There’s a hot debate in Texas over whether to replace all school textbooks with laptop computers by the end of the millennium.

The idea is the brainchild of Dr. Jack Christie, the chairman of the Texas Board of Education. Dr. Christie says he first considered it about three or four years ago, but the cost of laptops then made it impossible.

Now the board is facing $1.8 billion in projected costs for textbooks over the next six years, and Dr. Christie argues that given the drop in computer price tags, diverting funds to lease laptops may be more cost-effective—to say nothing of innovative.

The plan would give laptops to each of the state’s nearly four million elementary and high school students.

“Just last year, we replaced a social studies text that still had the Berlin Wall up, the Soviet Union existing, and Ronald Reagan as president,” Dr. Christie says. “With computers, all that information could be upgraded instantly . . . for about a dollar per student.”

Dr. Christie figures that any vendor would be willing to offer a volume discount for four million computers with the works—graphing calculators, PC card slots, modems for internet access, and curriculum software. He envisions a three-year, warranty-covered lease that would solve the problem of keeping up with technology upgrades. Christie estimates the cost at $300 million per year.

“Information becomes outdated so rapidly that we need a more efficient way to distribute knowledge. This approach fulfills the needs of students so much better than textbooks,” he says.

Not surprisingly, Dr. Christie’s idea faces criticism from publishers, who maintain that the costs of the plan would actually outweigh its benefits. “The reality is, it would not be as cheap or as effective as it would appear at first blush,” says Julie McGee, president of McDougal Littell in Evanston, Ill. “There are a lot of hidden costs in any computer implementation.”

For one thing, opponents say, teachers will need to be trained to use the computers in their classrooms. Also, as one Texas resident put it, “Books don’t crash or fail due to dead batteries” or other equipment problems. Maintaining the machines may require a significant investment over time. A third potential cost lies in replacing lost or damaged computers due to student negligence. “Kids aren’t known for being gentle with equipment,” says another resident.

“All the questions raised by the program are legitimate, but they can all be spoken to,” Dr. Christie responds. He maintains that blanket training of teachers statewide will keep costs down, and trained on-site staff can handle minor repairs. As far as durability of the computers, Dr. Christie says that one vendor offers a model with a hard-shell cover that can be dropped from three feet without significant damage.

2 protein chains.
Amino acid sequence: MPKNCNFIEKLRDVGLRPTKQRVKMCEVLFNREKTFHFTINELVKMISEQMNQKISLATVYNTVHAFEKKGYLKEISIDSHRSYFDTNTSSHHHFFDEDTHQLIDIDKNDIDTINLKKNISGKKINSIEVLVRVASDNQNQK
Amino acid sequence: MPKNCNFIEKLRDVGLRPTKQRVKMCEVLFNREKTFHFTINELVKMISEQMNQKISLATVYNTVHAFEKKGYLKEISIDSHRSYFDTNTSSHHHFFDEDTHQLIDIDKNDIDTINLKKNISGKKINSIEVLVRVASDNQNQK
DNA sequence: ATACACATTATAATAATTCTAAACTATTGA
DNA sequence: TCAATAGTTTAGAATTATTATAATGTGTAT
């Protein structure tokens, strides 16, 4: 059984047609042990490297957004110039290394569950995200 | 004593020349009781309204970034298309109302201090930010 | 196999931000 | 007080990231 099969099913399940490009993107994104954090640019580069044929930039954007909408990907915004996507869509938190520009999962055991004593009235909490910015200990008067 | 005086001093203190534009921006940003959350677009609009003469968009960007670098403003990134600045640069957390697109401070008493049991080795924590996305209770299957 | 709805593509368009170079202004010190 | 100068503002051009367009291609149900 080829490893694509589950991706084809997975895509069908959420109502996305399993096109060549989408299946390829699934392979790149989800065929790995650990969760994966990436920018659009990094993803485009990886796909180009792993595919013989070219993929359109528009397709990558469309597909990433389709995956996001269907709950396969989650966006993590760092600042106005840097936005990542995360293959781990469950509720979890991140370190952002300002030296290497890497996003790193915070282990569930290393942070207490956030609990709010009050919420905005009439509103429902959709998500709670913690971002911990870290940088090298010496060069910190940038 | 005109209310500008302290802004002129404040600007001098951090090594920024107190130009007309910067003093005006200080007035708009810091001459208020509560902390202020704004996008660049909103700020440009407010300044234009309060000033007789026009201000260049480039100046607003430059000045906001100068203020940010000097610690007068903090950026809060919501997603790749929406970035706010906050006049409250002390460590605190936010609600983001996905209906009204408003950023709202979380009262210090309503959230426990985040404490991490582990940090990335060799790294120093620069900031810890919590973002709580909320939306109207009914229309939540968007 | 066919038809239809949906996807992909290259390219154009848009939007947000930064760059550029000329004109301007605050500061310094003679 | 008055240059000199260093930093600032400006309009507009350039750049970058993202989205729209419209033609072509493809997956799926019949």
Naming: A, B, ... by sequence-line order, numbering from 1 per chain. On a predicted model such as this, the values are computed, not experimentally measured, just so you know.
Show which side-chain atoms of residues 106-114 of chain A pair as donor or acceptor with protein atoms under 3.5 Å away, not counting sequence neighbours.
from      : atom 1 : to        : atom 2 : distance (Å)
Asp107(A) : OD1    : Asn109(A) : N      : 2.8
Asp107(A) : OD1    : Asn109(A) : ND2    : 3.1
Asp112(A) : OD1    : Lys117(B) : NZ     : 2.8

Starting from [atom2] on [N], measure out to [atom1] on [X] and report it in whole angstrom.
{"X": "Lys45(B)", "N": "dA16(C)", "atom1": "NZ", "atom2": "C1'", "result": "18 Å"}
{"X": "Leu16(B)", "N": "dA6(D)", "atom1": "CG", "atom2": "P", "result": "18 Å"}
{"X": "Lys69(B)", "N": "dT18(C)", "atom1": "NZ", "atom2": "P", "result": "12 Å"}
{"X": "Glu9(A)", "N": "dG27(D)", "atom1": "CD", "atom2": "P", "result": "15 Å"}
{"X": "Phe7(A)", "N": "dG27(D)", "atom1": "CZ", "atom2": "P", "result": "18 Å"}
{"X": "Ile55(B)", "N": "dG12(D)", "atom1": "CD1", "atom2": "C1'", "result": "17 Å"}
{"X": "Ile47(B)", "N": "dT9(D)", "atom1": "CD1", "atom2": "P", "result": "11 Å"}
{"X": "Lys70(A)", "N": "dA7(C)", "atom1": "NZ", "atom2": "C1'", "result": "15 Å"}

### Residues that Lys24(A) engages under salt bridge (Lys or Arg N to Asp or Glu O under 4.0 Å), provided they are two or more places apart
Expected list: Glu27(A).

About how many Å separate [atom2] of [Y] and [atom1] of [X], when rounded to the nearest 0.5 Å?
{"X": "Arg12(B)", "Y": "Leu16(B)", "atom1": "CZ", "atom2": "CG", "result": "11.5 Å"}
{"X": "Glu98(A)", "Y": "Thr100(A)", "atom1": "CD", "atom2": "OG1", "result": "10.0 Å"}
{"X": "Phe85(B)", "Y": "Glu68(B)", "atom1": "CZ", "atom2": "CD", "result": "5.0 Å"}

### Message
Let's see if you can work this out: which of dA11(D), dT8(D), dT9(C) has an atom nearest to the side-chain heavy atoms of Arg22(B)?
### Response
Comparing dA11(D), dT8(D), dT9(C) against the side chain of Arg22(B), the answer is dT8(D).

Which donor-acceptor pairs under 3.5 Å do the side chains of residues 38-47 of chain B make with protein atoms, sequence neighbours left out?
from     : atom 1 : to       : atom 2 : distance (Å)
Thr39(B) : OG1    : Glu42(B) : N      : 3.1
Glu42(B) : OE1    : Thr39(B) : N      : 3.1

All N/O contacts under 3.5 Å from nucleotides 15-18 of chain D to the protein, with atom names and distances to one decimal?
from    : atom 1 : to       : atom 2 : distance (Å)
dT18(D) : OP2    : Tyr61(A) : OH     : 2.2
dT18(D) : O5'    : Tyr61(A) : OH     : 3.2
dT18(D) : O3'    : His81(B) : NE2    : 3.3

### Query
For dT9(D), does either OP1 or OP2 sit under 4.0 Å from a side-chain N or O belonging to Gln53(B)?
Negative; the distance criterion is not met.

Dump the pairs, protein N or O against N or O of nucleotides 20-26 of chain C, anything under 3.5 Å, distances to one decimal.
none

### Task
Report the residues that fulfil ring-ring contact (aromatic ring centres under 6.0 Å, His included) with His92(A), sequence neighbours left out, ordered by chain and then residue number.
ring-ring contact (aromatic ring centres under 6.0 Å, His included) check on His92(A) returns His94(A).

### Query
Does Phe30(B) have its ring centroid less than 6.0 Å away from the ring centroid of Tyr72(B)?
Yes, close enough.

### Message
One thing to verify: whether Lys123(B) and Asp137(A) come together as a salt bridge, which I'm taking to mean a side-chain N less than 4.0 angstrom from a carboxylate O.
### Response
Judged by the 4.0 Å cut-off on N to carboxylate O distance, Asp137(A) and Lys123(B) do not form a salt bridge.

Dr. Christie also sees the laptops as a way to bridge the gap between affluent and disadvantaged students. “Whether they’re in the poorest section of town or the wealthiest,” he says, “they’re going to have an equal shot. All of a sudden everyone starts at the same starting line.”

“I truly believe,” he adds, “it’s going to occur within the next few years. Why not make the investment now?”

Apple, Microsoft and Dell have all contacted Dr. Christie to express their interest, and the lieutenant governor has formed an interim committee to study the plan. Meanwhile, Dr. Christie broached the proposal in a presentation to the state legislature in January, and he’s already receiving cautious support from some of its members.

“I’m not proposing we do it in one fell swoop,” says State Senator Teel Bivins, chairman of the Senate Education Committee. “It probably makes sense to start it in high schools or as a pilot program. But the point is, the days of textbooks and teachers standing at the head of the class are rapidly changing. I believe as a conservative that we have an obligation to taxpayers to get the best information at the most efficient price.”

Perhaps the biggest roadblock to the idea is the need to overcome the fears of most residents. “I had one mother call the board and say, ‘Honey, does that man have children? I can’t get my son to remember his raincoat, never mind a computer,'” says Dr. Christie.